Melissa: So why do you think the women are portrayed so badly? The men are portrayed horribly!

Matt: It’s a good question. I see a movie like this and I’m immediately sensitive to the depiction of women, because the depictions of women in movies like this are always so terrible.  But you’re right. The men in this movie are stupid, they’re led around by their penises, they have terrible fashion senses, bad haircuts, terrible diets, bad physiques.  Not a flattering picture of manhood. So why is it that the women side of it upsets me so much? Maybe it’s because the men are portrayed poorly but…

Melissa: — They’re funny.

Matt: Exactly. We’re supposed to embrace their flaws.  They’re supposed to make them charming.  Meanwhile, the women are joking about how it’s their job to leave their men unfulfilled. The men’s jokes make us like they more. The women’s jokes make us like them less.

Melissa: But not all the women in it are killjoys.  I actually liked the scene where the guys are playing poker and Fischer comes home and says hi and then leaves the guys alone to have their space.  That’s a nice moment.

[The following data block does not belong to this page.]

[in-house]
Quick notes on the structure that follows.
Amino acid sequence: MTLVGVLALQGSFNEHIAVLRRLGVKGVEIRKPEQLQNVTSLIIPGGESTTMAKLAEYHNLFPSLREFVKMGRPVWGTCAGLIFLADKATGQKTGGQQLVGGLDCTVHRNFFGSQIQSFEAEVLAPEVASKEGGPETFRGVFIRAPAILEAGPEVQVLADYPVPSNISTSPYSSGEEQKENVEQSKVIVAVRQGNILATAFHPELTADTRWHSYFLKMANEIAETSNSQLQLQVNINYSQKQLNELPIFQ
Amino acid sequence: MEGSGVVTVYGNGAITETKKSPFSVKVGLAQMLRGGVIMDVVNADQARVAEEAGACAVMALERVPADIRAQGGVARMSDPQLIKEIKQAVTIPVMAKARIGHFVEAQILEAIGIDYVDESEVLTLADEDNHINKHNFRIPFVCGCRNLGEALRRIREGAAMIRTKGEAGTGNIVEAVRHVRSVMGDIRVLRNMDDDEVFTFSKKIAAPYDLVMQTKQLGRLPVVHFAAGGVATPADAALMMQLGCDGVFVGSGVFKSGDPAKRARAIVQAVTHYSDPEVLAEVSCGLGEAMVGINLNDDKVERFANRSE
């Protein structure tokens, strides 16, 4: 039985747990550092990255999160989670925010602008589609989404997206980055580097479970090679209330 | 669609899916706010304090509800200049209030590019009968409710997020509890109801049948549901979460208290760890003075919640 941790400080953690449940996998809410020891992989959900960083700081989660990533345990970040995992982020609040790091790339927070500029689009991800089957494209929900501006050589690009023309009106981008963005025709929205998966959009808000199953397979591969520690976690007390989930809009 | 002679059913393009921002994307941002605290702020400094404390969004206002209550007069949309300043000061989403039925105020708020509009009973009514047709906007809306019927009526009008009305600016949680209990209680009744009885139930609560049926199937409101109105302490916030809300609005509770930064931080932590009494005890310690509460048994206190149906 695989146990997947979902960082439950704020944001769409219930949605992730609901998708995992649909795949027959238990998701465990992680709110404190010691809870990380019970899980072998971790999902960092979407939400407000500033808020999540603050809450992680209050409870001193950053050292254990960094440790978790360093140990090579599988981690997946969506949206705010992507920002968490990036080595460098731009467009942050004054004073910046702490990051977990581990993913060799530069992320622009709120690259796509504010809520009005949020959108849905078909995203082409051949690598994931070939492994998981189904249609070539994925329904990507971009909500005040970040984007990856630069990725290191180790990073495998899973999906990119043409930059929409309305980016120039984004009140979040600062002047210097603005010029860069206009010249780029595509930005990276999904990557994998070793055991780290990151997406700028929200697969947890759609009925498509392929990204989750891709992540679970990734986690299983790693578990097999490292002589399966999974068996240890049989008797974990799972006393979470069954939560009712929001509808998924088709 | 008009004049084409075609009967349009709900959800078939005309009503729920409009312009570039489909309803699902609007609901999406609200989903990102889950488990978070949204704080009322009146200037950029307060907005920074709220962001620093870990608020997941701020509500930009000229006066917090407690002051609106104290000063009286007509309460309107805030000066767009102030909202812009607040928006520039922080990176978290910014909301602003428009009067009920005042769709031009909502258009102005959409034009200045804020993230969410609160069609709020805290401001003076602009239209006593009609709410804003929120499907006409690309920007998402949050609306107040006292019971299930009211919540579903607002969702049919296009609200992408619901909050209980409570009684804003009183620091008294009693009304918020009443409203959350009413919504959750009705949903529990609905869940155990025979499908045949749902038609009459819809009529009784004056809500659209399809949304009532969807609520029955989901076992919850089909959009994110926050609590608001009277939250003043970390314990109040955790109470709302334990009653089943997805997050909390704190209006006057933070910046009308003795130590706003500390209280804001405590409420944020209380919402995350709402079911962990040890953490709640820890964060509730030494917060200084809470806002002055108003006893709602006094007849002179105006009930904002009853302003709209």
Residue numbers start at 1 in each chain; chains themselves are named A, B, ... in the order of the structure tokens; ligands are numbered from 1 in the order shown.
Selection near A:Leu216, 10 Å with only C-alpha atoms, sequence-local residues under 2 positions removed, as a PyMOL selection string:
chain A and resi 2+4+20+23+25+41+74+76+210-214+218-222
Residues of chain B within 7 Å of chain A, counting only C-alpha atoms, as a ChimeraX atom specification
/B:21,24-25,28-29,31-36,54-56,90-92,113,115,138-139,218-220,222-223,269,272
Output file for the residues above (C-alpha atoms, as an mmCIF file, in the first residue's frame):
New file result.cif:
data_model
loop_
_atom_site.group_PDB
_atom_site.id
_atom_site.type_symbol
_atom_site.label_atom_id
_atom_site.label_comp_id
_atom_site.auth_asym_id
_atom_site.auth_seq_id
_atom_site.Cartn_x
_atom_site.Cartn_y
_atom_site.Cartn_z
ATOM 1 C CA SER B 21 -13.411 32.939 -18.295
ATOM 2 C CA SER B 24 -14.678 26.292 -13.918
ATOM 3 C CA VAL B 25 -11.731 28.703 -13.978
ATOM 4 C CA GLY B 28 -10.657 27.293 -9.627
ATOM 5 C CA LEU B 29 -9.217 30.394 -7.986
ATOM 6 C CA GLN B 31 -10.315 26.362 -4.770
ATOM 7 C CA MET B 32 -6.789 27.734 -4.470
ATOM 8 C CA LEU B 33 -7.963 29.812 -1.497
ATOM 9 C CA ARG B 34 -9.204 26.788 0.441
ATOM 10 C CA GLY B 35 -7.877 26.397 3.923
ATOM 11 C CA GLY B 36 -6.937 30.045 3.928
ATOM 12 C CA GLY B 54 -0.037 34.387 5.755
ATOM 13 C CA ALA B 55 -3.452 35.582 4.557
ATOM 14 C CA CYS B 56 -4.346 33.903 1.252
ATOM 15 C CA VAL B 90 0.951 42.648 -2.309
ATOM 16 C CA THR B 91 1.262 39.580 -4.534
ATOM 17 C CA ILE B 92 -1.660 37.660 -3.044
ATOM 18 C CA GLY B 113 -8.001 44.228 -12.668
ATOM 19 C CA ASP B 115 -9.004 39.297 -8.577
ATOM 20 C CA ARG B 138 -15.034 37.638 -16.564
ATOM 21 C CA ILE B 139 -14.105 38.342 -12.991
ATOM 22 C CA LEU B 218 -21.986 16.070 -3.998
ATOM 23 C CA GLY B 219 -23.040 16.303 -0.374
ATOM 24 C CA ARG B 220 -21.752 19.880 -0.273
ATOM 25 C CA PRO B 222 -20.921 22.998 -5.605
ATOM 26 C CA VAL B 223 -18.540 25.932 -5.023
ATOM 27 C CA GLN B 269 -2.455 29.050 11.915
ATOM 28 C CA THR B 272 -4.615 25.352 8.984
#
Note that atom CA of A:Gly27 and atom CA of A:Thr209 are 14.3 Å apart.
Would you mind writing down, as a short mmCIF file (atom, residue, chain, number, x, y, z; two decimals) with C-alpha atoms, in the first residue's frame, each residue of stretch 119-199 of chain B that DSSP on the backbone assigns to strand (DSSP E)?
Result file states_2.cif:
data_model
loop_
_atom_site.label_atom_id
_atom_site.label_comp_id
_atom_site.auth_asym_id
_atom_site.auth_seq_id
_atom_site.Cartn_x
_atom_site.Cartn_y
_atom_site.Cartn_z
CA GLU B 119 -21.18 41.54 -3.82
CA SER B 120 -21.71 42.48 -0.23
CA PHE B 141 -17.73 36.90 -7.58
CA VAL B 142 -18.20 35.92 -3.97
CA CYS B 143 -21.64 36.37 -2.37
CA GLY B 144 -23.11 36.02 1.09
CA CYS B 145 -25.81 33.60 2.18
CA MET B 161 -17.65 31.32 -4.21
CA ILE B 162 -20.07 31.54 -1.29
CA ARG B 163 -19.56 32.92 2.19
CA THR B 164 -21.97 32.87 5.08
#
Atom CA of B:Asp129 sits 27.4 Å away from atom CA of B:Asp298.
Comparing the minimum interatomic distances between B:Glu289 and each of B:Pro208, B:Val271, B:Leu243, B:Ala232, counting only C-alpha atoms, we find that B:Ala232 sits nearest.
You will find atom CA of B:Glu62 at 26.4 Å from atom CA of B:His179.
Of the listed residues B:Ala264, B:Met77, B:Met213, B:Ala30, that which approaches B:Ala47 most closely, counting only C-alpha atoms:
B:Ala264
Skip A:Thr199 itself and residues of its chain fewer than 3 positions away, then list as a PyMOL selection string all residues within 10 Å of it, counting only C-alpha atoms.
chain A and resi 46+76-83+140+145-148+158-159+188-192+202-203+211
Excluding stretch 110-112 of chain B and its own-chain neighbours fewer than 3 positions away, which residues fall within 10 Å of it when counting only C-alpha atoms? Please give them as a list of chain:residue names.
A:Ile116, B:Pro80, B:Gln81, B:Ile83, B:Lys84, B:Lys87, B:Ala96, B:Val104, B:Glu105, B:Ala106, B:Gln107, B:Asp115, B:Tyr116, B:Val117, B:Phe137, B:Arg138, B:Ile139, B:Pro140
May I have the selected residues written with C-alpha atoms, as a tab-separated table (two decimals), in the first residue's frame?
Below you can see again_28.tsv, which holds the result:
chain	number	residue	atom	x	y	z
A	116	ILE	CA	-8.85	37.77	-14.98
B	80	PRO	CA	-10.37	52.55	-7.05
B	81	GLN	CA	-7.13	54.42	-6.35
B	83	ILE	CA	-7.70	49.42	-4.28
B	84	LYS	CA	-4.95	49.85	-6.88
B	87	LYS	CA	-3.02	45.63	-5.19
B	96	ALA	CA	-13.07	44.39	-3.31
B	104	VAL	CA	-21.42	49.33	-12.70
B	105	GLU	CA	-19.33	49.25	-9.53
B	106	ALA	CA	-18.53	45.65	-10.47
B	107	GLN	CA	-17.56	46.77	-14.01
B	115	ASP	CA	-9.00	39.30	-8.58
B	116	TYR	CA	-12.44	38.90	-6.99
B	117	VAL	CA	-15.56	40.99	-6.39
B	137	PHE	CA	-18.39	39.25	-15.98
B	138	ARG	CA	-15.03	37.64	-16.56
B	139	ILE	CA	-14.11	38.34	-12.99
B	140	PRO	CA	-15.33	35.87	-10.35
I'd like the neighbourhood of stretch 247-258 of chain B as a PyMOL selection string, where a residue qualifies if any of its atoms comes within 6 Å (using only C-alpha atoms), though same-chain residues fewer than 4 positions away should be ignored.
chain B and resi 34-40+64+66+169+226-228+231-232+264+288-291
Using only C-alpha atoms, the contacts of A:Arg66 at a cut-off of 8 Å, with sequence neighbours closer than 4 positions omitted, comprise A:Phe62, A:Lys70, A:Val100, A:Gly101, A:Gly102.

Matt: That’s true.  So where is my impression coming from then?


Melissa: I don’t know.  That one line about faking orgasms, apparently.

Matt: That one line stuck in my craw, I guess. So who do you think this movie is for: men or women or both?

Melissa: Judging from the audience we saw it, men, clearly.  The men were cackling and the women were not laughing.  I think one woman even dropped a grumpy “Oh no he didn’t!” at one point.

Matt: She did, yes.

Melissa: That was the extent of the female reaction in our audience.

Matt: Because women are killjoys. 

[awkward silence]

Matt: Okay, that was a joke.  I try to think who this movie is supposed to entertain.  Would you recommend this movie to a married couple to go see on a date night?

Melissa: No.  Wait, maybe. Seeing it might make you feel better about your marriage.

Matt: Or it could lead to that discussion of hall passes, and men asking for them and women being furious that they asked for one.

Melissa: So it sets up women to be killjoys again.